MARTIN: Well, she's actually also said that she doesn't agree with - she says she...
HURTADO: Right. There's...
MARTIN: She has disavowed it because she says she didn't see the final cut.
MARTIN: And she doesn't like it.
HURTADO: There's a controversy that, apparently, she was not given final review. The song is actually really great. The cover sounds fantastic, but - so my question is did she even have to get into a situation where cuts that she did not approve get there? And I think, you know, whenever you see a woman trying to start off her career or if her career is sagging - all pun intended - all of a sudden, they get naked. I don't understand why women have to get naked.
MARTIN: You know, Kirsten, I don't know how you feel, but I feel different about the Badu video than I do about the Madonna concert because the Badu video - you have to go looking for it.
Let's say she did approve of it. She says she didn't. She says she's disavowed. She doesn't even think it's artistically - she said she doesn't even think it's artistically valid. But you still have to go looking for it. It's not like back in the day when they'd actually be playing this on a major - or even on a cable channel. You have to seek it out. So to me, there's more latitude there than if you go to a concert expecting one thing and then people are flashing folks.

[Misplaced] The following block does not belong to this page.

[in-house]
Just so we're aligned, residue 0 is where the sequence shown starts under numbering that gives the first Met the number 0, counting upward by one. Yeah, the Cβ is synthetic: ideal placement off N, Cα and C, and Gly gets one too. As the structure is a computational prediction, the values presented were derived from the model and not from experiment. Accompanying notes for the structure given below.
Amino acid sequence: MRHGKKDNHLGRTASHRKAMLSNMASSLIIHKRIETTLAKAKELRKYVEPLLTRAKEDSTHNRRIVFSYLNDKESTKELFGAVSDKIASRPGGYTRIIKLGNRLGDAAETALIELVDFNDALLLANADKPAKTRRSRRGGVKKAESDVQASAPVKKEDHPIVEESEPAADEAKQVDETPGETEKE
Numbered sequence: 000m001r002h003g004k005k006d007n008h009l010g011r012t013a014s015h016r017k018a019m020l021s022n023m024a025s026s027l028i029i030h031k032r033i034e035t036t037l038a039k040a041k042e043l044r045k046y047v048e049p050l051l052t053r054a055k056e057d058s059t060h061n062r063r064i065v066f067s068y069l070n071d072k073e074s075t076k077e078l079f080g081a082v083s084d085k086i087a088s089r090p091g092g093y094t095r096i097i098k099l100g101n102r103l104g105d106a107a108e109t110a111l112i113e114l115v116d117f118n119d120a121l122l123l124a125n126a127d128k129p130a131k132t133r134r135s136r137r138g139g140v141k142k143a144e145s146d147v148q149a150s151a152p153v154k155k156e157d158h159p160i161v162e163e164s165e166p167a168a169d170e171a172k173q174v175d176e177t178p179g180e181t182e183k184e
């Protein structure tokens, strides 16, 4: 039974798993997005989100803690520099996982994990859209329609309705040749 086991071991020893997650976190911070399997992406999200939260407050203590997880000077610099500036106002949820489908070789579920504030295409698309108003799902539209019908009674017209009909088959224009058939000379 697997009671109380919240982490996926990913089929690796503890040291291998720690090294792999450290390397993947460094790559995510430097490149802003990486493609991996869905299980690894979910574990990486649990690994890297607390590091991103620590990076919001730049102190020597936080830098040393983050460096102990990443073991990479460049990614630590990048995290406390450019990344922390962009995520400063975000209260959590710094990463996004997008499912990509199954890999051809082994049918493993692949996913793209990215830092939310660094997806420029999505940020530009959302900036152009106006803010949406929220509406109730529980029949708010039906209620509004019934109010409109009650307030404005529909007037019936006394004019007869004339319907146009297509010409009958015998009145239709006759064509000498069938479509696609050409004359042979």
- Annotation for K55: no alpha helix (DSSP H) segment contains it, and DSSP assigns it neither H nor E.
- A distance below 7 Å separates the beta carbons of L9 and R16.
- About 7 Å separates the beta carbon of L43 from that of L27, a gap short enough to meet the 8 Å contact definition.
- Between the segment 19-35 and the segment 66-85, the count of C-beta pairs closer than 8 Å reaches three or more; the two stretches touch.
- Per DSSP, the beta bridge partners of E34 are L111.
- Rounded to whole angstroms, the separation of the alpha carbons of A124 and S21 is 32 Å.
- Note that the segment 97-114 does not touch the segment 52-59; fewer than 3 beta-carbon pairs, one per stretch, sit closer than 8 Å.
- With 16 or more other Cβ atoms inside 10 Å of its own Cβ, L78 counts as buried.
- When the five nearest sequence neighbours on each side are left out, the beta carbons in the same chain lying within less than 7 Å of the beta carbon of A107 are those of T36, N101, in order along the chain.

And, I mean, but Madonna has a history of being provocative, so I don't know. I mean, Kirsten, what do you think? Disrespectful? What? What do you think?
SAVALI: The Madonna move - I agree with you - is a little different. I think the Madonna move was out of desperation. You know, people have kind of taken her throne as being the most sensationalistic, the one to show the most skin, and she had a point to prove.
When we talk about the Erykah Badu situation - is several facts there. One being that Erykah Badu was actually on Twitter saying how artistic it was. She was asking for her fans' feedback. She told - I believe his name is Cone - who - from the Flaming Lips - that he was a genius and her sister looked amazing. You know, how do you feel about this? Are you disgusted? Are you compelled?
And then, once the fan backlash came, all of a sudden, she went into this long - just Twitter rant about how she had never approved it. Well, then why were you putting it out there, asking for people's feedback on it? And then her sister also said you will not get any apologies from me. And I find it very, very interesting that, one, it's hard to find now, but when you look at hip-hop and you look at misogyny in other forms of music that is male dominated and the men get to decide how the woman's image is portrayed, then you can find it everywhere. You can find it everywhere.